At the turn of the nineteenth century, and the start of the ‘War to end all Wars’, there was a rise in an exclusive kind of poetry, born in the suffering hands of the ‘War poet’. He is often seen in a state of despair, and combines the peaceful scenes of the preceding century with a sense of extreme pain and depression. It is the descriptions of landscape that this amalgamation is most clear, where the destruction of the peaceful and stable past is evident and where a new sense of misery is observed. The First World War had Britain ask itself if the country could ever return to its prior state; the nature of politics had been impacted by the violence in Europe, and the military prosperity that had previously existed was now a mass of shattered morale. Poetry had lost much of its Romantic aspect, with many Georgian poets, such as Rupert Brooke, fighting in the trenches and becoming realists in their work.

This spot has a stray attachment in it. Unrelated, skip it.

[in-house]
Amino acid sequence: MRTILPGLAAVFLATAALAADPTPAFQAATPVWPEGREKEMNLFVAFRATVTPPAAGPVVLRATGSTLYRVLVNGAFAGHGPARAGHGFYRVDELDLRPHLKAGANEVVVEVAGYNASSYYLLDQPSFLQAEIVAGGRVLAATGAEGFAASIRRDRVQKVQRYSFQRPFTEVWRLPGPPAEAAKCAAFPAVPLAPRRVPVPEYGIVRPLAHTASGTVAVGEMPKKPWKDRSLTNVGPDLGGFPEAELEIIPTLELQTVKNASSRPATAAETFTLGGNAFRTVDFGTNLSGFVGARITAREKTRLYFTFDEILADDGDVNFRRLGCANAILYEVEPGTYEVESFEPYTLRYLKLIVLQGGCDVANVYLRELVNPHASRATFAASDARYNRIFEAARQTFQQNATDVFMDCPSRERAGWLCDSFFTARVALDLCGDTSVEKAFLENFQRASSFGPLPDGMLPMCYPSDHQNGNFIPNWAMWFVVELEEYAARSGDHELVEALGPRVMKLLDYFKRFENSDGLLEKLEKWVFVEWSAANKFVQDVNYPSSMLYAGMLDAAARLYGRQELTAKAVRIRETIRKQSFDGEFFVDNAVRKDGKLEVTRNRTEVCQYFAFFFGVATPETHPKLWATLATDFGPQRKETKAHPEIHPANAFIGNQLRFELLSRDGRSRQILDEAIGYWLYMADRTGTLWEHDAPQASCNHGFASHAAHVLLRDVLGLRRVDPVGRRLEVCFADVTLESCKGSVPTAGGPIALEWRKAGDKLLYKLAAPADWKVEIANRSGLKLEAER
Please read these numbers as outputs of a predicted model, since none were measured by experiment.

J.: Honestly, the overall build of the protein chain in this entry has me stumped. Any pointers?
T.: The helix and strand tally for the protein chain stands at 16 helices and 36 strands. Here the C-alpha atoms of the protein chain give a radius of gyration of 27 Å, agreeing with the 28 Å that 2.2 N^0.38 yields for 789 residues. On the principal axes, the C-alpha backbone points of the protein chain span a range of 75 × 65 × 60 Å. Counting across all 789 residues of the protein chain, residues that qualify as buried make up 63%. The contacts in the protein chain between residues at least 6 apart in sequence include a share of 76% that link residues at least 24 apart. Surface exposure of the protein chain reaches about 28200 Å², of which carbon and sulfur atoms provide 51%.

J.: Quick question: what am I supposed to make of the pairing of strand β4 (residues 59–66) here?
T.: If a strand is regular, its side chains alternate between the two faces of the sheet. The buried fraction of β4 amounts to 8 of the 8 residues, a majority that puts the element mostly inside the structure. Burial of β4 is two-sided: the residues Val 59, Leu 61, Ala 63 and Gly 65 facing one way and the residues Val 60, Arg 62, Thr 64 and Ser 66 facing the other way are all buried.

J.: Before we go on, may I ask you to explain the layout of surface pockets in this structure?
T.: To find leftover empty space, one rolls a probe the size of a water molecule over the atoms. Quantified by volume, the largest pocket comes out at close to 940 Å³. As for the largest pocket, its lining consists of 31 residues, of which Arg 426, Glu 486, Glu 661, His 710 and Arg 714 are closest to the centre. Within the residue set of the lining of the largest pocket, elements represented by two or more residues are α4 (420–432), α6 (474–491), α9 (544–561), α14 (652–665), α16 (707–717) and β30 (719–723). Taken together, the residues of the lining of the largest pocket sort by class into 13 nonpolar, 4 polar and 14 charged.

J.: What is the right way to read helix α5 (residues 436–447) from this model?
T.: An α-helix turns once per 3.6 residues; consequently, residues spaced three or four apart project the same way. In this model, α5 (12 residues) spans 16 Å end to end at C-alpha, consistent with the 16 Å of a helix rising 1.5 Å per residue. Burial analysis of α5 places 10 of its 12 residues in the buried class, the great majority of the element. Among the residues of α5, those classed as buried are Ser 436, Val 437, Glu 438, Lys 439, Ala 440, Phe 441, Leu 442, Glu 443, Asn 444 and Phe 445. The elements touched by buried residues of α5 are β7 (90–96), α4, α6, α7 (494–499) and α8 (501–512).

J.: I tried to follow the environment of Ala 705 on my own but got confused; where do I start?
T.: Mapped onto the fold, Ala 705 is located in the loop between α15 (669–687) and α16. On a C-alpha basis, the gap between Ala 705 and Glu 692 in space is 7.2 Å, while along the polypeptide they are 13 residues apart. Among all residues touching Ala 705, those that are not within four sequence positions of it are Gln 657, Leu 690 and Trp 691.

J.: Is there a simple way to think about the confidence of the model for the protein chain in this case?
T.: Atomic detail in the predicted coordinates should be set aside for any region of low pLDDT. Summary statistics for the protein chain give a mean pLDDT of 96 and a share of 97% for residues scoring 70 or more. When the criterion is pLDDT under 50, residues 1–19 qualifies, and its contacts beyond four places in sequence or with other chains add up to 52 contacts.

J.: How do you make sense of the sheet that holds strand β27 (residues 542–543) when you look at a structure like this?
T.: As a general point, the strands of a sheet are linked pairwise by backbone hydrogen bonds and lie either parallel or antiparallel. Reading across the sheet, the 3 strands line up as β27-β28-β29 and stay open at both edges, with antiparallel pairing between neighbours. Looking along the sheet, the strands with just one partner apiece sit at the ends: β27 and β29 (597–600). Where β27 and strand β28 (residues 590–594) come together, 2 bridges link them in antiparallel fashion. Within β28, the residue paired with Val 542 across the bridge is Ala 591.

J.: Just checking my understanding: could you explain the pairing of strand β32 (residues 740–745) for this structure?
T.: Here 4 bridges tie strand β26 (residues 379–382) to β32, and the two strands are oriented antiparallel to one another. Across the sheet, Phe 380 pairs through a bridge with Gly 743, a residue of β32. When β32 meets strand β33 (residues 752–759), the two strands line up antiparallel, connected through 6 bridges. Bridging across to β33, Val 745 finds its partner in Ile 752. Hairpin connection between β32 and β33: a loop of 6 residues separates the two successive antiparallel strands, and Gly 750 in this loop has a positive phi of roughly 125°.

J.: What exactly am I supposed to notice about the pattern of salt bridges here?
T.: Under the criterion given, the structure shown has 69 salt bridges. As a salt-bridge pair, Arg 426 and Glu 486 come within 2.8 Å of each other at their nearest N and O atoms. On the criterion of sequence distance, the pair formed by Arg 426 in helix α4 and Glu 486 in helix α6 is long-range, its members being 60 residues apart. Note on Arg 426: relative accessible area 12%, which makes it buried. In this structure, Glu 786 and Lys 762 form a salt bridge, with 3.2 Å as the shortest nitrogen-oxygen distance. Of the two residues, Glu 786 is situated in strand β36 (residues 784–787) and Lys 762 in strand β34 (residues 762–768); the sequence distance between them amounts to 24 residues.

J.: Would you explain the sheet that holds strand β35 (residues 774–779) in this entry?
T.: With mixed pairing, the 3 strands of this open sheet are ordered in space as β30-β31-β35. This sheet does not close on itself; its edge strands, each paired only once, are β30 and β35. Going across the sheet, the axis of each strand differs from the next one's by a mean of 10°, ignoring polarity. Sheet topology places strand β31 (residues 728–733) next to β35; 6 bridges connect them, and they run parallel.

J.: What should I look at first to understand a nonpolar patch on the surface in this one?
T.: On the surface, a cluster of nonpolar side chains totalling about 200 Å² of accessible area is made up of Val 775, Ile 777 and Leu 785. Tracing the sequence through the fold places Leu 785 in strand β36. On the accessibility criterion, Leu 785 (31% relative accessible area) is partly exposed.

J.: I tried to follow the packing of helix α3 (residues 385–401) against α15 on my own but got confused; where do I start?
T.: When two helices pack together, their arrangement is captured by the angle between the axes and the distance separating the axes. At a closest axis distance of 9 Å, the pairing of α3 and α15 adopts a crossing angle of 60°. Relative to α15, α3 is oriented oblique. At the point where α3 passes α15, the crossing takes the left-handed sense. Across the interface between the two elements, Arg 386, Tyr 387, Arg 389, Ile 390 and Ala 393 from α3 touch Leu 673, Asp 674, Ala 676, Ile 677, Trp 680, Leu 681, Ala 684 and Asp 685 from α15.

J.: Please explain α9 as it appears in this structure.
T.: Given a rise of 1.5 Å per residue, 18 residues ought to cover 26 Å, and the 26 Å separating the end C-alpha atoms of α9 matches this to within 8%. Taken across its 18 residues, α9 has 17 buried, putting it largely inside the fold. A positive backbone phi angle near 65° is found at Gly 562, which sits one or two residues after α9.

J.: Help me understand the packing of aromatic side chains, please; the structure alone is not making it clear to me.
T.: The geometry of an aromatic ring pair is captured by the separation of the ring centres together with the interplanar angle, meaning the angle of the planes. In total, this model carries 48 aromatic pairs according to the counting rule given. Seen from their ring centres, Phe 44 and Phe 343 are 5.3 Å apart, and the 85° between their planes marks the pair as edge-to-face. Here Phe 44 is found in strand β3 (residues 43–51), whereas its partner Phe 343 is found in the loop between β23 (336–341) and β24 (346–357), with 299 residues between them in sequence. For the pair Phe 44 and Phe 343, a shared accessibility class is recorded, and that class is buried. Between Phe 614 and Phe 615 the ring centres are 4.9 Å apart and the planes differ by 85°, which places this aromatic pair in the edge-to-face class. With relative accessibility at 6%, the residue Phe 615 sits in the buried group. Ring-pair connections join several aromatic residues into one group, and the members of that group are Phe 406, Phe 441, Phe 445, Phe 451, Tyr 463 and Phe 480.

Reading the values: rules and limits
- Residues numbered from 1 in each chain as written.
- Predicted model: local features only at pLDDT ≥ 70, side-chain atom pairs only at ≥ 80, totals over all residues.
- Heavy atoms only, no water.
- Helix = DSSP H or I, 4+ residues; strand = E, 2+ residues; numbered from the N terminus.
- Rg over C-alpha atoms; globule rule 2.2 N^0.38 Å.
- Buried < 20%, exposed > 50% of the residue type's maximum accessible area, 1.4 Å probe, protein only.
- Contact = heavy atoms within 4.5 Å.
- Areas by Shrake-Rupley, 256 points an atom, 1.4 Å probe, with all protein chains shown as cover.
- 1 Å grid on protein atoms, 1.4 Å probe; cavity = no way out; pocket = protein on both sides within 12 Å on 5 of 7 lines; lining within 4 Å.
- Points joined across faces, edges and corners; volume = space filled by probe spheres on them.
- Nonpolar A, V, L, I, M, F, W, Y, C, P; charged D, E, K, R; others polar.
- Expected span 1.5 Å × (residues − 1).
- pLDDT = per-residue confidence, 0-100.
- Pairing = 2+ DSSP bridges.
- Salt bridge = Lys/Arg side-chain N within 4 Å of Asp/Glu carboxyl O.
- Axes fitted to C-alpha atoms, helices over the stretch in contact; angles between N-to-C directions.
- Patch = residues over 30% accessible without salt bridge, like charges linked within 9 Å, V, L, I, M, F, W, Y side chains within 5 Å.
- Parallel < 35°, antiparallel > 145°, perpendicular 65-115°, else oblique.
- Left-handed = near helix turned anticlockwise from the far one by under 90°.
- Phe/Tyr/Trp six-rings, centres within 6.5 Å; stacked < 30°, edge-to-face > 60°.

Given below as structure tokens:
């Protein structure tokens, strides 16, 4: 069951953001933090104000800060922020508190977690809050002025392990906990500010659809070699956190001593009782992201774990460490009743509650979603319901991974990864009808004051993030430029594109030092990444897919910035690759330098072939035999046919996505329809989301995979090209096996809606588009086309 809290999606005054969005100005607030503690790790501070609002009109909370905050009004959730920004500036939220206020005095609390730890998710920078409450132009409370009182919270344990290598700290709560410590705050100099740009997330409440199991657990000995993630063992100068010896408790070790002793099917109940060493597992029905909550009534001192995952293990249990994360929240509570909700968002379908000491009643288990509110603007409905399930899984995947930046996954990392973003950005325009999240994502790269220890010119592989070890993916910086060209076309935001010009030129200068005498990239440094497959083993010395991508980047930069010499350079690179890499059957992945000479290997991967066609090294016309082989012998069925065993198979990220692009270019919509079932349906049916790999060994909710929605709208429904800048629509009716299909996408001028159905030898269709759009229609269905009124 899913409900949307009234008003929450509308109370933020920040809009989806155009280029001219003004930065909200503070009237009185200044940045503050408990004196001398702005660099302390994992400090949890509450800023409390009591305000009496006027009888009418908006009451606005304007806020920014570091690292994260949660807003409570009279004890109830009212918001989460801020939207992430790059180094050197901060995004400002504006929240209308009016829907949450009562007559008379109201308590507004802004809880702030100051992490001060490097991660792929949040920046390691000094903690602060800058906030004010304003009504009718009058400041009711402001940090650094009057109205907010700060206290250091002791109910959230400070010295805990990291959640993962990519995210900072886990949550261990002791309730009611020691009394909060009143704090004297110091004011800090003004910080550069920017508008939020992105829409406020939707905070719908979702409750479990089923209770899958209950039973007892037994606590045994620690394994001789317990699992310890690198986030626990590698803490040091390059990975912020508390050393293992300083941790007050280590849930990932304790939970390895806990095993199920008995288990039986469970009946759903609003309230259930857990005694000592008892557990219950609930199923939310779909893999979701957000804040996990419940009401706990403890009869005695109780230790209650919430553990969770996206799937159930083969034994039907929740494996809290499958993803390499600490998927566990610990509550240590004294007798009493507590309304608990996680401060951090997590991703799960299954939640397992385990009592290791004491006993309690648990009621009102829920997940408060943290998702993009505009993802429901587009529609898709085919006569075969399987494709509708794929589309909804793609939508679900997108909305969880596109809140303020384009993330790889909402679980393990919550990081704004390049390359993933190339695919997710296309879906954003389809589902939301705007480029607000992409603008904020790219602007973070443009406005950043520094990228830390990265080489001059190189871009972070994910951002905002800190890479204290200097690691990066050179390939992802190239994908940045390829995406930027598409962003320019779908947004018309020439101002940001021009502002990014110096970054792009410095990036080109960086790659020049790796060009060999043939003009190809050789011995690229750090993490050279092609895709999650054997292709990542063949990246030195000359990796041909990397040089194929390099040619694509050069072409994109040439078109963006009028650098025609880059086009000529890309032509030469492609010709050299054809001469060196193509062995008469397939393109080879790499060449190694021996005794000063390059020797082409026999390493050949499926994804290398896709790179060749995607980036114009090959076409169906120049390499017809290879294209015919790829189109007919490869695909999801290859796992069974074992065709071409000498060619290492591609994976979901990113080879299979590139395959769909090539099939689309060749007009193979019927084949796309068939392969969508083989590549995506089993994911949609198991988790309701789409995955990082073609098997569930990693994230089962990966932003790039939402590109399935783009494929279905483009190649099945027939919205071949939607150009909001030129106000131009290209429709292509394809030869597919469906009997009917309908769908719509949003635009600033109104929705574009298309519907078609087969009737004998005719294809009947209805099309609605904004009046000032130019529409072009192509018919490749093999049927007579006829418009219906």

One of Brooke’s most notable work is the poem ‘The Soldier’, which not only questions a failure of the war on the British part, but also deals with what is to become of the landscape. Brooke opens the poem with an address that; “If I should die, think only this of me: That there’s some corner of a foreign field/ That is forever England” (Penguin 2006, p. 108). There is clearly a patriotic sense in that Brooke would refuse to let any land become foreign while his remains are buried below, and gives a strong feeling that landscape was extremely important to the men fighting the war. It has been suggested that these passionate lines written by Brooke “immortalise the fallen English soldier by appropriating a corner of foreign land” (Grafe and Estanove 2015, p.32). The poet continues by stressing that “There shall be In that rich Earth a richer dust concealed” (Penguin 2006, p. 108), which again serves to prove Brooke’s patriotism but also his acceptance of the possibility of death. Perhaps, Brooke understood that should he be a victim of war, his final resting place would be among the surrounding “sea of mud as far as the eye could see. Mud and Barbwire, and deep craters” (Eldridge 2014, p. 76), since the likelihood of recovering a soldier’s body and having it buried in England was almost non-existent. The poem however does not give visual impressions of the trenches, instead it makes use of nature to juxtapose the ugliness of barbwire and such; “breathing English air,/ Washed by the rivers blest by the suns of home” (Penguin 2006, p. 108).